Municipal Winemakers and Saarloos & Sons are two of my favorite wineries. Of course, I love their wines, and their wines are one of the ways they differentiate themselves among the many, MANY wineries in Santa Barbara County.
But each of these wineries also has a very clear personality (you can call it a brand, but it's more than that). These personalities aren't "put on" or "invented" by the wineries as gimmicks to attract a certain kind of audience. They attract an audience based on who they are, how they present themselves, and how they make their customers and members feel like "part of the gang."
Take Saarloos & Sons. This is their tasting room menu, below. Each wine season, there's a new menu, a new design. This year, a wooden board is labeled with their wines, and a screw inserted next to the wines that are available for tasting. The first time I went to the tasting room, the menu was a fully bound book, with family photos identifying each wine. Many of their wines are made in honor of and named after family members, and there's lots of nostalgia in their tasting room and on their labels.
Next is a recent e-mail I received from them regarding a shipping special. Not every company would be comfortable making this kind of innuendo, but it's no big woop for Saarloos. If you're their customer, you "get" them.
Now take a look at Municipal. They store glasses and other equipment and tools of the trade in one of eight or ten filing cabinets against the back wall of the room, the first thing you see when you walk in, along with the cheesy marquee inviting you to join Club Awesome.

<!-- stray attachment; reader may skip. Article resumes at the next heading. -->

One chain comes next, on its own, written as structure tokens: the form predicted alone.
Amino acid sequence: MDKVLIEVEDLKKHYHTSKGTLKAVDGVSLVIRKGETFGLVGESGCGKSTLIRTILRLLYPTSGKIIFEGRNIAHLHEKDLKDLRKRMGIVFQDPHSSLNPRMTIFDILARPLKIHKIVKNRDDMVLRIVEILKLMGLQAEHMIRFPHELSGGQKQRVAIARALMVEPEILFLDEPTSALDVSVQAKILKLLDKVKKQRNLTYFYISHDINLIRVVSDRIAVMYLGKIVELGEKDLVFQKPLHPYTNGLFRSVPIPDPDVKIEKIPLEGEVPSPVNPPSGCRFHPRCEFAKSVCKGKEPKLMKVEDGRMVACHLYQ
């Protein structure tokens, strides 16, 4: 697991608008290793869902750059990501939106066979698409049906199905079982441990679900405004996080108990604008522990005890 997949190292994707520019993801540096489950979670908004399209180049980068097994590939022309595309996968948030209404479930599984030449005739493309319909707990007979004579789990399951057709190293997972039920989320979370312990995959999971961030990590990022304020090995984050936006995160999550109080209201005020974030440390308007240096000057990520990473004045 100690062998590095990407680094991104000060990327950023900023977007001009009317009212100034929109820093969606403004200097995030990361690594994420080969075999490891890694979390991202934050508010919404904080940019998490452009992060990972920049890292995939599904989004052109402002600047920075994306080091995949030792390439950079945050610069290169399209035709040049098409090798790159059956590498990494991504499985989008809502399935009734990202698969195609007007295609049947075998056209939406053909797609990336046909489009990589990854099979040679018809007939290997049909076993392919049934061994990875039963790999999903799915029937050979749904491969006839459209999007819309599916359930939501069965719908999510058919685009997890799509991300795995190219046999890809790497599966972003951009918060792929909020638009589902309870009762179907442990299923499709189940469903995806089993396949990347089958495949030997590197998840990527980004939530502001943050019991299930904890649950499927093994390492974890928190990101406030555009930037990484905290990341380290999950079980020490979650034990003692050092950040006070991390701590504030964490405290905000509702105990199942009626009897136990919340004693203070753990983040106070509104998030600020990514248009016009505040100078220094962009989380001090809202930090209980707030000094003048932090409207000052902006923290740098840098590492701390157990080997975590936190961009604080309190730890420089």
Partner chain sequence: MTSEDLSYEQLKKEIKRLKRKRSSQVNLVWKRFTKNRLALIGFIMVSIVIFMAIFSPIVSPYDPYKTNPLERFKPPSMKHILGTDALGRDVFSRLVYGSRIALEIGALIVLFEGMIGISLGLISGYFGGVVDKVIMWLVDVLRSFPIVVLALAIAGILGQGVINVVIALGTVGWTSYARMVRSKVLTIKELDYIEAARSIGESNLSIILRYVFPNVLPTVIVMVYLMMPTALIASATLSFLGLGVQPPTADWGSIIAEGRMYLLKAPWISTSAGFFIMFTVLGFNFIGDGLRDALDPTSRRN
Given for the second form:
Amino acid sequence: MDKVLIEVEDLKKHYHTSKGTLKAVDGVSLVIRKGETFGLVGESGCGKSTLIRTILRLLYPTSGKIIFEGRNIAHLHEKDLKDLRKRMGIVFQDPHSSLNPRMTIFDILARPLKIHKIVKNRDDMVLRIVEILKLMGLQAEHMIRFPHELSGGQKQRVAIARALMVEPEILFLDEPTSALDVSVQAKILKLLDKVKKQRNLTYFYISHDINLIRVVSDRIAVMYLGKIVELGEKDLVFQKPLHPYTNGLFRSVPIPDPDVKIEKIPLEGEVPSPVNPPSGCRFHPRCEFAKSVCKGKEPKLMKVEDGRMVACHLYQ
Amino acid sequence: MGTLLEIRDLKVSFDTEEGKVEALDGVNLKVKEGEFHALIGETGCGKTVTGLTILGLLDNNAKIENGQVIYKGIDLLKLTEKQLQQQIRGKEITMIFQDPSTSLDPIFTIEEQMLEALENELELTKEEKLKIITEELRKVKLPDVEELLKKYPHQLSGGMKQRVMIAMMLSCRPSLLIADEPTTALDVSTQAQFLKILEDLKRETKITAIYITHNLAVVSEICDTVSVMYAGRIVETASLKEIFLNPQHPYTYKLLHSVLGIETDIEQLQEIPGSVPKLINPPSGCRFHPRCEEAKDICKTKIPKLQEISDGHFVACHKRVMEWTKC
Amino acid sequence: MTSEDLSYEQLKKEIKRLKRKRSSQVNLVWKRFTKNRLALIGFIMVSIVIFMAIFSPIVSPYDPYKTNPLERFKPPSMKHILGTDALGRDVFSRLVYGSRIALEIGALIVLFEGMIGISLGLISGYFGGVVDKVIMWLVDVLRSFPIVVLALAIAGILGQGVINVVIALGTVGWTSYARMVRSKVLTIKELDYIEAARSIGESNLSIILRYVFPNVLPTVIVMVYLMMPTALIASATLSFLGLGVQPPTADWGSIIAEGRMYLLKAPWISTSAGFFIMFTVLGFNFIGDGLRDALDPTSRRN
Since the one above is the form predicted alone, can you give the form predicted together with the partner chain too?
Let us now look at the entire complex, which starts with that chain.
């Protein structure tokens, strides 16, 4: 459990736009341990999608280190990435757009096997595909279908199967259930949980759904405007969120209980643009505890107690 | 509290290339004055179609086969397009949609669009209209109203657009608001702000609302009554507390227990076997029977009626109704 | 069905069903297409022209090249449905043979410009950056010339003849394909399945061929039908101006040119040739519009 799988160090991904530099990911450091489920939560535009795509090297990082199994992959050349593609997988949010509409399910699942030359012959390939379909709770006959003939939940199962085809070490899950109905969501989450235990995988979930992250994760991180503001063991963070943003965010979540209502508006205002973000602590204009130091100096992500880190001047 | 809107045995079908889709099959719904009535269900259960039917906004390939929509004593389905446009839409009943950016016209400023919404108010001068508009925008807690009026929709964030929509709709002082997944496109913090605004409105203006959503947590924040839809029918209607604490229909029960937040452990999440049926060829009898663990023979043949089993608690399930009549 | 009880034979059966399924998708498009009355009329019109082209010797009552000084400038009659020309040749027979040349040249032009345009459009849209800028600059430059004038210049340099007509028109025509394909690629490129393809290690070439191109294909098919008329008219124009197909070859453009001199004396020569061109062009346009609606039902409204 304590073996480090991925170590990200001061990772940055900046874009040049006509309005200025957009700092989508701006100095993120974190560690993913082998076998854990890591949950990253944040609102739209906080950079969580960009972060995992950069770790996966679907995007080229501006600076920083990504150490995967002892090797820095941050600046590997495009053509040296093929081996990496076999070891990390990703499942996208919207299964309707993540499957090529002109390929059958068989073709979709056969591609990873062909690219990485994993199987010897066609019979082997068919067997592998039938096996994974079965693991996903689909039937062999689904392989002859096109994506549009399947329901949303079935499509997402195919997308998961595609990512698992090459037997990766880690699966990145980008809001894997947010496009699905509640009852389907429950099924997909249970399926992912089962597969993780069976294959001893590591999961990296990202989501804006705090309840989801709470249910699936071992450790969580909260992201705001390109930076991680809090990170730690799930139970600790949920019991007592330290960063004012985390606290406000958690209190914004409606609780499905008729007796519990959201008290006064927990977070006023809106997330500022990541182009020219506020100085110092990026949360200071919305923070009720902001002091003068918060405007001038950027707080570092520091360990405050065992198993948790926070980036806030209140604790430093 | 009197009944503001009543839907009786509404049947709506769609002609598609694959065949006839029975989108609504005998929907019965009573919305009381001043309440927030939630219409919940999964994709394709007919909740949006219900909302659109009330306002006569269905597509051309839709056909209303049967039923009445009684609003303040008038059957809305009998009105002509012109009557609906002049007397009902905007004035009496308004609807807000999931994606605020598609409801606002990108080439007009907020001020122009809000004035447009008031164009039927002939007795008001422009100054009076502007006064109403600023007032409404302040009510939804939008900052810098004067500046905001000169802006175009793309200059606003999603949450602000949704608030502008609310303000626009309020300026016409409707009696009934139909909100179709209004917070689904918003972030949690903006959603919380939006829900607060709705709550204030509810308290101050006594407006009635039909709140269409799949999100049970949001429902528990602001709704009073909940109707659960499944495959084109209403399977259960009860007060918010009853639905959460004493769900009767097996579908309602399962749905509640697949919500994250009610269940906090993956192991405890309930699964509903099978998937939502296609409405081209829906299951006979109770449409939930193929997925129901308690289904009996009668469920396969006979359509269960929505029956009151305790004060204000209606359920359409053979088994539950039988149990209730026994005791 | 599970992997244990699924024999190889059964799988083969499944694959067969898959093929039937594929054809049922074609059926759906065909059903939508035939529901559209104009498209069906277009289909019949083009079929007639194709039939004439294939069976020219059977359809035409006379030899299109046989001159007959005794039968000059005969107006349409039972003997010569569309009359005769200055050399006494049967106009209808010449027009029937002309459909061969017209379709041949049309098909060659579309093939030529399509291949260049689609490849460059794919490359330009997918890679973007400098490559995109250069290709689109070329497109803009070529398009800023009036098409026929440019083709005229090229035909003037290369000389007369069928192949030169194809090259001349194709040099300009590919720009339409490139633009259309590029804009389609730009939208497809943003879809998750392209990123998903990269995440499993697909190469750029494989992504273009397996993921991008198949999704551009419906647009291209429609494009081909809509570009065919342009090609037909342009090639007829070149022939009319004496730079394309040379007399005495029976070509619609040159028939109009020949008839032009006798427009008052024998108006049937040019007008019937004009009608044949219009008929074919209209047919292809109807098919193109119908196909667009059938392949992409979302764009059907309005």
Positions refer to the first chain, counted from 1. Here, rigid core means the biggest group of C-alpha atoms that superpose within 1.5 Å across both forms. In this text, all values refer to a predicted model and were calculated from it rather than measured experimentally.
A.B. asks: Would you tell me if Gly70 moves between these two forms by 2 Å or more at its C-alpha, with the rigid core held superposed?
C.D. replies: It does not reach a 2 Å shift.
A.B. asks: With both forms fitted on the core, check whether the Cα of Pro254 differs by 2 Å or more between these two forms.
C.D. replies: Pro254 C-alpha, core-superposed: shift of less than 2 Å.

Below is the information sheet that came with one of our wine shipments. Handwritten, handmade, not slick, not "designed" in the formal sense, this is the feeling you get when you walk into the Municipal tasting room. It's funky, it's casual, you don't have to impress anyone.
And I would be remiss if I didn't show their recent Valentine's Day pop-up boutique title. This is a clear fit with their personality, and if you're already part of their fanbase, this doesn't phase you. If this does phase you, then you're probably not their ideal customer.
What does this mean for you as a speaker? Wine is a competitive business in our county. There are over 100 wineries, multiple tasting rooms and restaurants and markets that specialize in local wines. Yet Municipal and Saarloos are standing out, not just because of their excellent product, but because they have personality. They have flair and an identity that is clearly seen and felt. They are unique and fresh and individual.
How many speakers, coaches and other professionals are out there talking about your topic, leading programs, offering teleseminars? What are you doing to differentiate yourself and to stand out among them?
Are you playing it safe because you fear not getting speaking engagements? Or are you rising up, speaking up, expressing your style and personality, and drawing clients and audiences to you -- not just because of your message and content, but because of your authenticity and individuality?
Do you know what makes you unique? Share in the comments!
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